Leaders f the Continental Congress (from left to right): John Adams, Morris, Alexander Hamilton, Thomas Jefferson. (Photo by Wikimedia Commons).
The history of the American nation is filled with feud and misunderstanding. But perhaps there is no feud more significant than the one between Alexander Hamilton and Thomas Jefferson. Both men served under the cabinet of George Washington … and things got ugly.
It started out well enough
Even before they were part of President Washington’s most trusted group, they were already men of high political status.
Jefferson was the secretary of state, while Hamilton was the secretary of the treasury. But … they did not really know each other.
Their relationship had a cordial enough start. They shared many opinions during their first year working with the administration. Jefferson even invited Hamilton to dinner.
It is possible that the heart of the problem was their 12-year age difference. In 1790, Hamilton was only 35 years old, while Jefferson was already 47. Their personalities were also very different — evident in documents from the time, as well as from their own writings. Hamilton was opinionated and outgoing. He dominated every conversation, room, or group he was in. On the other hand, Jefferson was intellectual, mild mannered, and quiet.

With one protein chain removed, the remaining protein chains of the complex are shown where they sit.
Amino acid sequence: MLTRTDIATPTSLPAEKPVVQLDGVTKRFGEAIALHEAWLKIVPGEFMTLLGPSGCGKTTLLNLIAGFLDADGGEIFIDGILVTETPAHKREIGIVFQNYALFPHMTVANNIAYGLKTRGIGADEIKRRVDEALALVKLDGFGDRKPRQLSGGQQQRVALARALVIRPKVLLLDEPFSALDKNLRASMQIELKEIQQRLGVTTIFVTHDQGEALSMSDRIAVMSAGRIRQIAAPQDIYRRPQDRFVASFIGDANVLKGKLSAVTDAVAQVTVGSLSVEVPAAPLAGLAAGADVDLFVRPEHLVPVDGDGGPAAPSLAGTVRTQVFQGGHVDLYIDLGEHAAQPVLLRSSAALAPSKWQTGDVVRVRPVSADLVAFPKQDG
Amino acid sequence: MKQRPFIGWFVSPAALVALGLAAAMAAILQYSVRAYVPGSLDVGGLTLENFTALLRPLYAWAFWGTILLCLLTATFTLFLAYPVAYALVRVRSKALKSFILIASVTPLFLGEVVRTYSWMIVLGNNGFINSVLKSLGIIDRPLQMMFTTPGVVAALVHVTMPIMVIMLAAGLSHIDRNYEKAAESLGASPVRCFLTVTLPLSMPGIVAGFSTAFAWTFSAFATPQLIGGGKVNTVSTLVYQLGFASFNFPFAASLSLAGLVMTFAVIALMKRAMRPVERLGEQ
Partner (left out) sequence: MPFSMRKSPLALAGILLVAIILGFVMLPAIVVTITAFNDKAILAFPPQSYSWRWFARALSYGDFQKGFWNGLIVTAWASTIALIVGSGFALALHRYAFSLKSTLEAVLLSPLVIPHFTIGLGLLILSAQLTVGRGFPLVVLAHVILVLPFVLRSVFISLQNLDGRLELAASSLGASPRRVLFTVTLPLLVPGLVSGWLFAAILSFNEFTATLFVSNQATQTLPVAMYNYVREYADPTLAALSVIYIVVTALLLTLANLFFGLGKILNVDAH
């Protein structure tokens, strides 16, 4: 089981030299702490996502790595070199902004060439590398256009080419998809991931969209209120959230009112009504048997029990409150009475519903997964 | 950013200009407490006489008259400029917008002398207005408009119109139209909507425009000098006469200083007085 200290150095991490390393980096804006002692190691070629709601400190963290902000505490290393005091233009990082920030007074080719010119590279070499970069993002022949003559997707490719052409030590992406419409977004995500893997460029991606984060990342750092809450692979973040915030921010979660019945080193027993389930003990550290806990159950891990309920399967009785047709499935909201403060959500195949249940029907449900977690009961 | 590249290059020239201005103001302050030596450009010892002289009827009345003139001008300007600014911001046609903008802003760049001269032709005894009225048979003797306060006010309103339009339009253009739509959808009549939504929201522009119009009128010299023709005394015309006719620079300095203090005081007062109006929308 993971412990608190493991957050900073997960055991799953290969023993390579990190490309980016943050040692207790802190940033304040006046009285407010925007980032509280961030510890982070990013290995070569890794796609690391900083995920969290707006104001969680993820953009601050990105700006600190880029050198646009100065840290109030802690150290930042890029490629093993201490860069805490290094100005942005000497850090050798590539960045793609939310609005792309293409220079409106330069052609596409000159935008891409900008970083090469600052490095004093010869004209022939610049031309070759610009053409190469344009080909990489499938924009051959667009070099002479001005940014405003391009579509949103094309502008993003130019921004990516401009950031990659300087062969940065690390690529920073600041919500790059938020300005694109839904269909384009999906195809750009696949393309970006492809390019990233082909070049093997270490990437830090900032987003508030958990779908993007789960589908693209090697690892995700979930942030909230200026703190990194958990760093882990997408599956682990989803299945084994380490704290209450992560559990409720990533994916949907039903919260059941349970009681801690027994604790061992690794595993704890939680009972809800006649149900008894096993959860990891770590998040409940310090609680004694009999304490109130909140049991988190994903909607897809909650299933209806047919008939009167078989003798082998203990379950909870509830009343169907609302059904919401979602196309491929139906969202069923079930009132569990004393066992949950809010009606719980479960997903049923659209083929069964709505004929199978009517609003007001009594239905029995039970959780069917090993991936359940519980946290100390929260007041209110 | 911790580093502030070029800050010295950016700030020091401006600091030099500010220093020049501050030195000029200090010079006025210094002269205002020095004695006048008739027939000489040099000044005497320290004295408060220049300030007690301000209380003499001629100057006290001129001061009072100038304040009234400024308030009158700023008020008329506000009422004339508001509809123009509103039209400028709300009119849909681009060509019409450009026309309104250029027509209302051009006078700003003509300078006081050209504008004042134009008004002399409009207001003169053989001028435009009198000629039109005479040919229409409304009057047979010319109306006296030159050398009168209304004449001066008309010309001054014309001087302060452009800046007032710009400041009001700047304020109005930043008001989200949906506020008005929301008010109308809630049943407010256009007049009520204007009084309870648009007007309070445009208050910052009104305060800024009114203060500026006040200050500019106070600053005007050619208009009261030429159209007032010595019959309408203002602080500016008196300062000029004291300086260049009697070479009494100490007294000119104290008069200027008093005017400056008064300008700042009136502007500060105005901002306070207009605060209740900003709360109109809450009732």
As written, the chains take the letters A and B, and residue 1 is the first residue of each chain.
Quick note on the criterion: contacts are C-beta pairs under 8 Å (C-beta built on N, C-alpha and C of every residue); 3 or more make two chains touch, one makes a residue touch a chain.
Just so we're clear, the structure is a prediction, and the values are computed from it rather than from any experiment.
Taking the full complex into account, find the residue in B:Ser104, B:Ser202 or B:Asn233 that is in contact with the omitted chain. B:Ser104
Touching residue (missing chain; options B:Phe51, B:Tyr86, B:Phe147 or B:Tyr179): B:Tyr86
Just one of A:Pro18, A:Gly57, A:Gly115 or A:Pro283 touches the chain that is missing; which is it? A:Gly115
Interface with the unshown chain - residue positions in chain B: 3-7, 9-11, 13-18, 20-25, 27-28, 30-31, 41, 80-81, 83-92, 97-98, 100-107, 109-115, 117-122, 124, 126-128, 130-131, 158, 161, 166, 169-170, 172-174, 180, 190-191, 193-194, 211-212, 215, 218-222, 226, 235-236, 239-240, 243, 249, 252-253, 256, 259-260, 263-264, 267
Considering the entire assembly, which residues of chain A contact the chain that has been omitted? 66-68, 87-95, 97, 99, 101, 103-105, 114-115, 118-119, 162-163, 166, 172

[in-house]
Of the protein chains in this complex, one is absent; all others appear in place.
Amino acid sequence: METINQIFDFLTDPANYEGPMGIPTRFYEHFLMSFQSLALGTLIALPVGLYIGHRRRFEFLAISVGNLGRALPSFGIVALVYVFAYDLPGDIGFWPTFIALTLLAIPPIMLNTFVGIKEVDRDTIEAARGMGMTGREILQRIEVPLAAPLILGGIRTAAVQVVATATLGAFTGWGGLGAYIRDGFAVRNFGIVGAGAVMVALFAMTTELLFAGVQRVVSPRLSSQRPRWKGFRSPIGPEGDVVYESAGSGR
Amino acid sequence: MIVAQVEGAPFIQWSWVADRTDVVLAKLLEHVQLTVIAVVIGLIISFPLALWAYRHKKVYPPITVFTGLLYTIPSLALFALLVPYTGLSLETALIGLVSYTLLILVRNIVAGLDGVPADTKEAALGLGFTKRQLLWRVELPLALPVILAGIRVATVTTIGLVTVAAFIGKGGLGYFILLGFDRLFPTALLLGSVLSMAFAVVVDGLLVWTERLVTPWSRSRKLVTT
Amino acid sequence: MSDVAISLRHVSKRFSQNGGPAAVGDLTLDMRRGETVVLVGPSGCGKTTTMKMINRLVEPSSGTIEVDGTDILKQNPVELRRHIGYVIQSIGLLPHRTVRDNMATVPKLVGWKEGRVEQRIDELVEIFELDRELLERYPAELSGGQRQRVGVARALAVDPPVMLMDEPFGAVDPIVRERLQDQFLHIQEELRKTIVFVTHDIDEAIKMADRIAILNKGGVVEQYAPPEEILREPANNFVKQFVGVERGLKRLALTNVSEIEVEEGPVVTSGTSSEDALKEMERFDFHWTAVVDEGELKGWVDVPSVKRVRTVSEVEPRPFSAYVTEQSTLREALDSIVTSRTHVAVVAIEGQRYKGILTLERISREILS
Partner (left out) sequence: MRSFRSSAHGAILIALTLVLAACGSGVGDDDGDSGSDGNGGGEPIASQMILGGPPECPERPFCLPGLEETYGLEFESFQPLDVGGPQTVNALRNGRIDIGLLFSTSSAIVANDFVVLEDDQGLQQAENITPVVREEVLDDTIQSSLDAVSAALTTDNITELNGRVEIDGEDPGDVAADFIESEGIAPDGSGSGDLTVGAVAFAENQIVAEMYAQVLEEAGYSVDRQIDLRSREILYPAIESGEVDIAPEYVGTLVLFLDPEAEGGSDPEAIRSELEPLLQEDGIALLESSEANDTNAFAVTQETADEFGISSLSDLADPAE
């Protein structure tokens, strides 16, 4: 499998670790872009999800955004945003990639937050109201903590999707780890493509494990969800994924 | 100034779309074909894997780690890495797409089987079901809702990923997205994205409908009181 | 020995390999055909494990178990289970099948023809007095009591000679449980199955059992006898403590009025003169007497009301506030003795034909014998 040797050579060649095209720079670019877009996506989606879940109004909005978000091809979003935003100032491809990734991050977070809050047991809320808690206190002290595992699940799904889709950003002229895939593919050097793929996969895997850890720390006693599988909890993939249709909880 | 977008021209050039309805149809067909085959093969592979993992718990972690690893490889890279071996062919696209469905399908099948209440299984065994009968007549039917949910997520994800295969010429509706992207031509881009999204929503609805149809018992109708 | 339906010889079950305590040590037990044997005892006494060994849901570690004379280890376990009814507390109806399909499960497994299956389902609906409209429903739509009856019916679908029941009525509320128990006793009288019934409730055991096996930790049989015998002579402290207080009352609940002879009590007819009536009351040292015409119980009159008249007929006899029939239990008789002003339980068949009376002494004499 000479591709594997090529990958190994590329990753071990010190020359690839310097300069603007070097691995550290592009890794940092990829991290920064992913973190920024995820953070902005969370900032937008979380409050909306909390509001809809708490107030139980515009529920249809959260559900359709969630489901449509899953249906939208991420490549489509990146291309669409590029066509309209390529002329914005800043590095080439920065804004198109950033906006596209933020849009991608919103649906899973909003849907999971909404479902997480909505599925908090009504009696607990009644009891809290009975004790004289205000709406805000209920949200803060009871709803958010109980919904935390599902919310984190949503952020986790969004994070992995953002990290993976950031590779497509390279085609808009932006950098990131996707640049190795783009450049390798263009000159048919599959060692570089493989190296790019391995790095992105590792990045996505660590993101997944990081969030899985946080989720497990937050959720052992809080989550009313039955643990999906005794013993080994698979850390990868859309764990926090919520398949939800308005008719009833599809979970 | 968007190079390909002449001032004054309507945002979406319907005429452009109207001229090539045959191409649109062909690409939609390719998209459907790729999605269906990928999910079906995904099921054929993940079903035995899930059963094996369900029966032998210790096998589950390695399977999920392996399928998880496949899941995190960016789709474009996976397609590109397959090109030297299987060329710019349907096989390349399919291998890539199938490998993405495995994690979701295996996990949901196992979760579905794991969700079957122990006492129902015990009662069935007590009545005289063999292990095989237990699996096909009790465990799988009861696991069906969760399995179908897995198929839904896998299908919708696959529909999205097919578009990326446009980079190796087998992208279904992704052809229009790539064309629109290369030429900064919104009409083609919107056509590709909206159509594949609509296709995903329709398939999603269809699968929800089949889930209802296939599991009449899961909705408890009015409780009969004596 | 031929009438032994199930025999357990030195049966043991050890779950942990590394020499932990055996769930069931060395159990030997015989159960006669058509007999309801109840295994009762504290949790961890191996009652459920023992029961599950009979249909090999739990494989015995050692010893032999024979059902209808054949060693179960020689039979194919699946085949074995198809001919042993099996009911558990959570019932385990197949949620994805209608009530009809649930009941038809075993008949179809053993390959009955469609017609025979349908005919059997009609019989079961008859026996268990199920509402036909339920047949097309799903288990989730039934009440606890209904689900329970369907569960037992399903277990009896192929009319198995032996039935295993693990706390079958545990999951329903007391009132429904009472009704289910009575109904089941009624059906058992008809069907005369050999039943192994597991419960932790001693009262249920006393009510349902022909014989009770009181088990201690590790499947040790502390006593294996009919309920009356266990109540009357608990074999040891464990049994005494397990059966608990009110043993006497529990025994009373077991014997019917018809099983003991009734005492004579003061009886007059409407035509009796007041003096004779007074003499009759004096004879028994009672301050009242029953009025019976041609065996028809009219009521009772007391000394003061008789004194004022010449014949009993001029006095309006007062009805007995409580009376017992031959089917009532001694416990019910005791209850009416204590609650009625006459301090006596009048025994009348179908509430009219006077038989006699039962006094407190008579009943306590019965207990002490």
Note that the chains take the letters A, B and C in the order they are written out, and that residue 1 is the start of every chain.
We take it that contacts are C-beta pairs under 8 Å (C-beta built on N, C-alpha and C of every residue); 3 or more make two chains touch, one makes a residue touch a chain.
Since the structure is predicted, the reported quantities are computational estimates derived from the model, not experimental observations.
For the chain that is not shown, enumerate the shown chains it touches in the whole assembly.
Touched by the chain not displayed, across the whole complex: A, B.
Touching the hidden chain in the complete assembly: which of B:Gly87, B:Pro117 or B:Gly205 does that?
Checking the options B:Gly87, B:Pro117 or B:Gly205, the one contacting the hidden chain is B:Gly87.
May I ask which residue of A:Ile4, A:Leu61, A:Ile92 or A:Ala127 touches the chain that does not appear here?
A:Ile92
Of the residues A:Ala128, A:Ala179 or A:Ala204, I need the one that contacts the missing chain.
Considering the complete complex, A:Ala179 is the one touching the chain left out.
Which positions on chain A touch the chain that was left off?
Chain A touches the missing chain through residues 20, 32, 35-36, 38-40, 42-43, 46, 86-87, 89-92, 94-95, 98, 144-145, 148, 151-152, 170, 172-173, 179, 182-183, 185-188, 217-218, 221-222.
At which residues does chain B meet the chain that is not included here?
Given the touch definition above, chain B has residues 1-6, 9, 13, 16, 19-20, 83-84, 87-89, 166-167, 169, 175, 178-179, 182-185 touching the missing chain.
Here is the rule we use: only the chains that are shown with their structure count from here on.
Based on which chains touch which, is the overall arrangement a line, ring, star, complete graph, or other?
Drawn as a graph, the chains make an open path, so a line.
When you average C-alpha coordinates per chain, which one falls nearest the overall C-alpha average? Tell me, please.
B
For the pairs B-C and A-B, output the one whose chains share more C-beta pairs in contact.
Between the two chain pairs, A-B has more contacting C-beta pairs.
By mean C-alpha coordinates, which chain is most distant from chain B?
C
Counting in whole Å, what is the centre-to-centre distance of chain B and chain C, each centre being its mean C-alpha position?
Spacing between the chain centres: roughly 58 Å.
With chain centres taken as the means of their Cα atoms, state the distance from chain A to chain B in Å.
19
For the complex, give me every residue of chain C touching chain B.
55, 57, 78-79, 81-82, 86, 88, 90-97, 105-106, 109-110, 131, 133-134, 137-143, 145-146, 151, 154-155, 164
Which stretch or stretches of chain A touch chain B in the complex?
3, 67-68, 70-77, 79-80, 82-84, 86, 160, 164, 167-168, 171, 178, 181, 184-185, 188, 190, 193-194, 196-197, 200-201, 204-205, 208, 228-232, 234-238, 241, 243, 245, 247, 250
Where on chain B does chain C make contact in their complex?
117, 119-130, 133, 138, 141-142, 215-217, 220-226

However, it was not their different dispositions that fueled their feud. (Tongue twister!) It was their philosophical differences. This became apparent when Hamilton drafted the first economic policy.
Jefferson deemed Hamilton’s drive to strengthen the presidency and central government as dangerous. He feared that by centralizing power in the form of the presidency and congress, the new nation’s government would become just like the government the nation had just fought like hell to break free from in the Revolutionary War.
In protest, Jefferson organized the Republican Party. The feud got so intense, Jefferson openly denounced Hamilton to Washington. He claimed that Hamilton sang praises for the British government and that he had described the Constitution as a “shilly, shally thing.” The tenacity!
Meanwhile, Hamilton also established his own political party — the Federalist Party. He went on to deny allegations that he was out to establish an American monarchy, and basically accused Jefferson of the same thing that Jefferson had accused him of: wanting to be president and going against the Constitution.
The feud would have some of the furthest-reaching consequences in our nation’s history. To this day, the major political parties echo the sentiments of these two men and their rivalry. Even then, Jefferson and Hamilton their political philosophies would shape the future of the young nation.